The Reluctant Hero
By Damon Smith
29 September 2005
Bristol Evening Post
After a number of years in the creative wilderness, David Cronenberg returns to blistering form with this unflinching portrait of the brutality that can pervade small-town life without warning.
Adapted from John Wagner and Vince Locke's graphic novel by screenwriter Josh Olson, A History Of Violence is a shocking cautionary tale as well as a riveting thriller about identity and the ghosts of the past.
Doting husband and family man Tom Stall (Viggo Mortensen) runs a diner in the picture-postcard town of Millbrook, Indiana.
He is still giddily in love with his lawyer wife Edie (Maria Bello) and is an inspiration to his children Jack (Ashton Holmes) and Sarah (Heidi Hayes).
As Tom and his colleagues prepare to close the diner one night, two strangers (Stephen McHattie and Greg Bryk) walk in and demand coffee and pie.
When Tom politely refuses, the outsiders become agitated and pull guns on the terrified staff and patrons.
Reacting instinctively, Tom smashes a pot of hot coffee in the face of one man and grabs his gun.
Shots are fired and the two aggressors are pronounced dead at the scene.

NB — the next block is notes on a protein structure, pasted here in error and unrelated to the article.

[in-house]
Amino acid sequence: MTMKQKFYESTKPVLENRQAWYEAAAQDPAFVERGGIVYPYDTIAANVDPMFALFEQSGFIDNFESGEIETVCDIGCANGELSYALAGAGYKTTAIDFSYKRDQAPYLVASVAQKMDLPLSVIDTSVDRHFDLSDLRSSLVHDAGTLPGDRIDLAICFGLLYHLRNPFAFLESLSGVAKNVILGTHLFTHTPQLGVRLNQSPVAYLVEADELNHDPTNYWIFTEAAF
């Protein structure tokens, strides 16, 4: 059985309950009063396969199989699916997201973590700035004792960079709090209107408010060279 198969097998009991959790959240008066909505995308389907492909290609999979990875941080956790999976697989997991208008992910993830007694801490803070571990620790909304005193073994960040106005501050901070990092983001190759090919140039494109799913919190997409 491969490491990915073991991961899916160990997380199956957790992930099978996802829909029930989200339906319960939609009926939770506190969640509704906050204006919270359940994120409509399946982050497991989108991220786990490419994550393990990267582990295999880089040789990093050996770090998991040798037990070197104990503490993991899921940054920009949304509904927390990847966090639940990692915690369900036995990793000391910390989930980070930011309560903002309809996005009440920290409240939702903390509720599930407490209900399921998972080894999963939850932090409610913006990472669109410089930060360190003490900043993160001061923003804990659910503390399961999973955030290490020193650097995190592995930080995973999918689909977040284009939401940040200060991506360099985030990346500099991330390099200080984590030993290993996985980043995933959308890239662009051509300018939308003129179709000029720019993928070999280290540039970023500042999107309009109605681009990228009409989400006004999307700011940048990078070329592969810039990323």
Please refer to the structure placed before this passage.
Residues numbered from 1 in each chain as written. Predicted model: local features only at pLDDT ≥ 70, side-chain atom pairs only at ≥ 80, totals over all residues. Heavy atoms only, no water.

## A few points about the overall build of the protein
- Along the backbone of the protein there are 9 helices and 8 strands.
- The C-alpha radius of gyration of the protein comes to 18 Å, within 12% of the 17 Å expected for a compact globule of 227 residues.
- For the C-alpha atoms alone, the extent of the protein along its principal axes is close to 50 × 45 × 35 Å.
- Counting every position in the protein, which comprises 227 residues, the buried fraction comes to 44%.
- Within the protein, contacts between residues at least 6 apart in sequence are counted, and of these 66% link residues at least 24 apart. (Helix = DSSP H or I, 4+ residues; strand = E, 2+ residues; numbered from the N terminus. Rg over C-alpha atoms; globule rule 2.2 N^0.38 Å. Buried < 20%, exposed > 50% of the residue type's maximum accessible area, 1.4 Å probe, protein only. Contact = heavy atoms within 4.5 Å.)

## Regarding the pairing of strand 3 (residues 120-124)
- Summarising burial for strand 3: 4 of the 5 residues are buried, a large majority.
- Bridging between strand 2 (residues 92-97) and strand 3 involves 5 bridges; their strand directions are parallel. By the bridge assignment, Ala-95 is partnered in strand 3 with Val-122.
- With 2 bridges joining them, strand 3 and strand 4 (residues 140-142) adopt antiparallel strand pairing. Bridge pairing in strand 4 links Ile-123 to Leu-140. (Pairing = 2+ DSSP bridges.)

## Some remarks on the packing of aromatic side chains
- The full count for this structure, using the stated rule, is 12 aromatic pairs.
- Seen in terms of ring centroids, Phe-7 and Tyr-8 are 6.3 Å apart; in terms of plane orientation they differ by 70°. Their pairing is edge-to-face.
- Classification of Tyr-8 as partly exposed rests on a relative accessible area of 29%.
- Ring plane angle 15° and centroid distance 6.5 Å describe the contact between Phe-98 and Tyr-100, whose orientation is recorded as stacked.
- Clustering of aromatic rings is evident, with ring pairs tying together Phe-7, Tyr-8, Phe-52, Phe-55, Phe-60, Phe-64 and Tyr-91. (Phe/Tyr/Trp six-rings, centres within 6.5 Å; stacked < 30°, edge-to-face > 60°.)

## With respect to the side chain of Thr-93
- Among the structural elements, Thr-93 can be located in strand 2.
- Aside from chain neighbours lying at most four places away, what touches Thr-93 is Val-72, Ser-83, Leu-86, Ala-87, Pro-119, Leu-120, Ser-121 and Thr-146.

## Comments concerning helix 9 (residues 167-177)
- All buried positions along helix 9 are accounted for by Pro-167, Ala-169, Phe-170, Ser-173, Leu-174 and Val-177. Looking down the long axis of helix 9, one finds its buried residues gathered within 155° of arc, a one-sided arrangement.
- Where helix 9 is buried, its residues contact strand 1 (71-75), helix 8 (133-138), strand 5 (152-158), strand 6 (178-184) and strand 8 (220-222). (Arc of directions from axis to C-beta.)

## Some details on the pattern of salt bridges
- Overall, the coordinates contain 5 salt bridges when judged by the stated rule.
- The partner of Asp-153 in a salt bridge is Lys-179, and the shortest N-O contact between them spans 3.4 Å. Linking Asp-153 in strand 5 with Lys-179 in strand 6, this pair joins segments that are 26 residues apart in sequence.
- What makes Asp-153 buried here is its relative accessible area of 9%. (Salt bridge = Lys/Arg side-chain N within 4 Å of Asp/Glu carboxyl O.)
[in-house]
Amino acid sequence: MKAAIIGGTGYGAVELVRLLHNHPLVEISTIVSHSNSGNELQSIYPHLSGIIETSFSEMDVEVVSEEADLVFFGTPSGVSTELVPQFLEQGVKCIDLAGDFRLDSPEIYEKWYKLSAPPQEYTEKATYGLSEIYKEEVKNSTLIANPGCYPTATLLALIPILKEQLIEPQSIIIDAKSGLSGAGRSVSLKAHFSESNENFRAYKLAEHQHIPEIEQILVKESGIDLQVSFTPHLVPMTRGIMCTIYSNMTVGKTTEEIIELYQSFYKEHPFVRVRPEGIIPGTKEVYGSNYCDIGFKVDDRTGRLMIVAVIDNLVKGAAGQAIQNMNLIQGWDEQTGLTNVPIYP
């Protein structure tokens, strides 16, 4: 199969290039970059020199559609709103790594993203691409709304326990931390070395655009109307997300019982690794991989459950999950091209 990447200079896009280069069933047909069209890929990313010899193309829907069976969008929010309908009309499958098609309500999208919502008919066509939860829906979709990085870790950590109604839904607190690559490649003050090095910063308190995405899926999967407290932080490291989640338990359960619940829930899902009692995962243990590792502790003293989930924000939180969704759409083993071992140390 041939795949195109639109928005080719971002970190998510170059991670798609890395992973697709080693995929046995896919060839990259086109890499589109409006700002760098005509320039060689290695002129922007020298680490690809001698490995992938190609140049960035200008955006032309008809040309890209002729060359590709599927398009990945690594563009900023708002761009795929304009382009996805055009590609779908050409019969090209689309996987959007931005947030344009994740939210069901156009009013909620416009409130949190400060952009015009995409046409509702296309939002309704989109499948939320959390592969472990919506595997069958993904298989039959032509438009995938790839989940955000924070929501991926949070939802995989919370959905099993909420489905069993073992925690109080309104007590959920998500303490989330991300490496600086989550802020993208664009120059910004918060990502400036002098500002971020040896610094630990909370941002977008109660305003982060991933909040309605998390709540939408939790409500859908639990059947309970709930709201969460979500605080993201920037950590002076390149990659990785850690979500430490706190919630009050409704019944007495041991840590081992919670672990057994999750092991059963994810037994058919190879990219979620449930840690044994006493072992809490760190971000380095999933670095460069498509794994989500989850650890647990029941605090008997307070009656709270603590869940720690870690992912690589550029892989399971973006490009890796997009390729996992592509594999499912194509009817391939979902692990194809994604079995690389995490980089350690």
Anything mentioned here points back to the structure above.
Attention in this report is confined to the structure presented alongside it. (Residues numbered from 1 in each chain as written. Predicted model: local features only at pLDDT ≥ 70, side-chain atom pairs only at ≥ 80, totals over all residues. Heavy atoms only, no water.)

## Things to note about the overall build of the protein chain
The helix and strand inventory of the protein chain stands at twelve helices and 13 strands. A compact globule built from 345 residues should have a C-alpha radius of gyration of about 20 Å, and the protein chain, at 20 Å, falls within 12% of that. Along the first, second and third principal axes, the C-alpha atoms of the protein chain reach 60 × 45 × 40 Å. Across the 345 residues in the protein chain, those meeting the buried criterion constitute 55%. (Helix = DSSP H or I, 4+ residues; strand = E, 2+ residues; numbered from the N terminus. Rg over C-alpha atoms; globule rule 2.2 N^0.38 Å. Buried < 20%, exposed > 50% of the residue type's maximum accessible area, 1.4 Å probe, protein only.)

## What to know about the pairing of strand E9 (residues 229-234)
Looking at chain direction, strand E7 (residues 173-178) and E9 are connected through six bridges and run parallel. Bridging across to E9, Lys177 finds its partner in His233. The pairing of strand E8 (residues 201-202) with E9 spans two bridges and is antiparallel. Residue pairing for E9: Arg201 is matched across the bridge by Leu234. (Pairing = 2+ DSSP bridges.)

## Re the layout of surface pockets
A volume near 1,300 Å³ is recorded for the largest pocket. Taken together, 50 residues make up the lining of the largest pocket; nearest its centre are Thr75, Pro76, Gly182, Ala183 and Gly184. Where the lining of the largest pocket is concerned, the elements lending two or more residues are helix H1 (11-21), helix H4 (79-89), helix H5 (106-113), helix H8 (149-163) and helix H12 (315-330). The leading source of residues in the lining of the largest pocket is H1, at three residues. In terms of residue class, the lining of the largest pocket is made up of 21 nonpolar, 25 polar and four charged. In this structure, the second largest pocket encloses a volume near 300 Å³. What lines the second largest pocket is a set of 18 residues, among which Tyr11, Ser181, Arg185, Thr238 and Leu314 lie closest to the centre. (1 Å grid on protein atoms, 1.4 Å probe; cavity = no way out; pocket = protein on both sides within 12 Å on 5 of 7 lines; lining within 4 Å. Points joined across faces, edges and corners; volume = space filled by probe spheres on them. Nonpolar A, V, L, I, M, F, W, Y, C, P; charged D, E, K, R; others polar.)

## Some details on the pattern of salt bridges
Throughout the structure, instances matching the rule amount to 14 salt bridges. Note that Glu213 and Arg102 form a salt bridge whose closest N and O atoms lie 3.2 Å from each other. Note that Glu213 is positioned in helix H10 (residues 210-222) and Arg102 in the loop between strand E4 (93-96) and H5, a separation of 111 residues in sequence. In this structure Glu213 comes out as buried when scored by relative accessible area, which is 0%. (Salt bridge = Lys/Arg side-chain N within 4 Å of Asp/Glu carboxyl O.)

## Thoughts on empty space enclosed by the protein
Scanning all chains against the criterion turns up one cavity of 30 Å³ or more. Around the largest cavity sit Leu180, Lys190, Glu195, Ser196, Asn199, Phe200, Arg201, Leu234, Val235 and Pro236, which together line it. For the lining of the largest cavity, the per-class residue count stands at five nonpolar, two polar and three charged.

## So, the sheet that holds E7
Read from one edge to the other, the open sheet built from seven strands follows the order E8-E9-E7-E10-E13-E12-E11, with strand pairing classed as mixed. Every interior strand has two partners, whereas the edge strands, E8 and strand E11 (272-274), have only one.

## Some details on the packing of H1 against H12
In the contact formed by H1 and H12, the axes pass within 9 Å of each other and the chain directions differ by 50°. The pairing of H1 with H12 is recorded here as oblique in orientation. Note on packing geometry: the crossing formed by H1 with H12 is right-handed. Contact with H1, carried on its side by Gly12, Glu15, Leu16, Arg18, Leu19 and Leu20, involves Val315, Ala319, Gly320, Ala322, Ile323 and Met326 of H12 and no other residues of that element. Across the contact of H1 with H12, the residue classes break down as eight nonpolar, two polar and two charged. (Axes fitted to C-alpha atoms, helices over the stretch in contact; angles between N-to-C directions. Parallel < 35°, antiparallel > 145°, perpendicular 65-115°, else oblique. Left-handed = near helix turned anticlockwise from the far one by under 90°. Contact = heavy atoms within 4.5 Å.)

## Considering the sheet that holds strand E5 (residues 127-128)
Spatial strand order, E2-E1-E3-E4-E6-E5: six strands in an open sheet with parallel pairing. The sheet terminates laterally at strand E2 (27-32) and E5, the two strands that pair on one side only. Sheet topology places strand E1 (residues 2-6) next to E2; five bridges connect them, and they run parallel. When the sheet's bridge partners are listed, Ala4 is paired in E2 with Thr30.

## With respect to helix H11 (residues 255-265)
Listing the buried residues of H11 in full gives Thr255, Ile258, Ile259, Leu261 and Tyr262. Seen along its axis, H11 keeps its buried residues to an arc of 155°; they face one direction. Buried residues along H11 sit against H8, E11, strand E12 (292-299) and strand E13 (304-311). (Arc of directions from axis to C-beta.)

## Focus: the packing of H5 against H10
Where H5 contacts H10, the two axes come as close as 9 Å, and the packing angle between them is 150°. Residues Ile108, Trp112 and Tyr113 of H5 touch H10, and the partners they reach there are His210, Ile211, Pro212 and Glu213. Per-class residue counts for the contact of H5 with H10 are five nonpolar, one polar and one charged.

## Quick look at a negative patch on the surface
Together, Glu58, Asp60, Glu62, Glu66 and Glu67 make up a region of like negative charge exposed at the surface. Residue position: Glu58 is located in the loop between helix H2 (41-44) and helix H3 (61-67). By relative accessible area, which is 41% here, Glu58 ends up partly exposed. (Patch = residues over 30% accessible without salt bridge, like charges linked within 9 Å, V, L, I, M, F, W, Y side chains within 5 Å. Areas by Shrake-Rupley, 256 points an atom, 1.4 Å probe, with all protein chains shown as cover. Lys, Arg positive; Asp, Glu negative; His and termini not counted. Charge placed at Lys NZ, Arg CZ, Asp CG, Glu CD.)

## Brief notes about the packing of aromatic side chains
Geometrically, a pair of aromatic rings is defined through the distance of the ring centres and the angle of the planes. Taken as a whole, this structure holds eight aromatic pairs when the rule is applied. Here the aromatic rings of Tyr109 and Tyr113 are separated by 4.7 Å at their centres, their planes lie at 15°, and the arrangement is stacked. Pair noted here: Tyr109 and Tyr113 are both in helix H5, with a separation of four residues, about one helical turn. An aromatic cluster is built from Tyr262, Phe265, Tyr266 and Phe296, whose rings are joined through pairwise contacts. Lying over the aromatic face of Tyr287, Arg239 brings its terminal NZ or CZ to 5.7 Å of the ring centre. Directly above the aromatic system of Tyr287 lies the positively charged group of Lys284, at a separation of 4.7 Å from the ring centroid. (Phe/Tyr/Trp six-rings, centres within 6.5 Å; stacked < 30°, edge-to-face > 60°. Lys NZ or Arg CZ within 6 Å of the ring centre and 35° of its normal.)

The media swarms, to Tom's intense embarrassment: 'Are you as sick of hearing about me as I am?' he asks Edie.
Feted by the locals - the town's newspaper proudly leads with the headline 'Tom Stall: Local Hero' - Tom desperately tries to shun the publicity and return to normality.
Another stranger, Carl Fogarty (Ed Harris), arrives at the diner with two goons in tow and Edie mistakes him for a journalist.
In fact, Carl is a shady figure from the criminal underworld, who believes that mild-mannered Tom is really a hired killer from Philadelphia called Joey Cusack.
Tom laughs at such a ridiculous notion.
Town sheriff Sam Carney (Peter MacNeill) confirms Tom and Edie's worst fears: 'These guys are organised crime from the East Coast. The real thing - bad men.'
While Tom maintains his innocence, Edie and the kids begin to consider the outlandish possibility that the man they love is an impostor.
A History Of Violence opens with a deceptively gentle tracking shot that follows the two gun men as they check out of a motel.
'I had a little trouble with the maid,' smiles one man; the first ominous indication that there is something rotten in backwater America.
Cronenberg doesn't let the tension slacken for an instant, punctuating the unfolding drama with explosions of sickening violence, building to a nerve-racking finale.
Mortensen uses his gentle everyman charm to startling effect, generating a white-hot screen chemistry with Bello's disbelieving wife.
The deliciously ambiguous final scene lingers long in the memory.
Last edited: 10 May 2006 03:15:11
© Bristol Evening Post.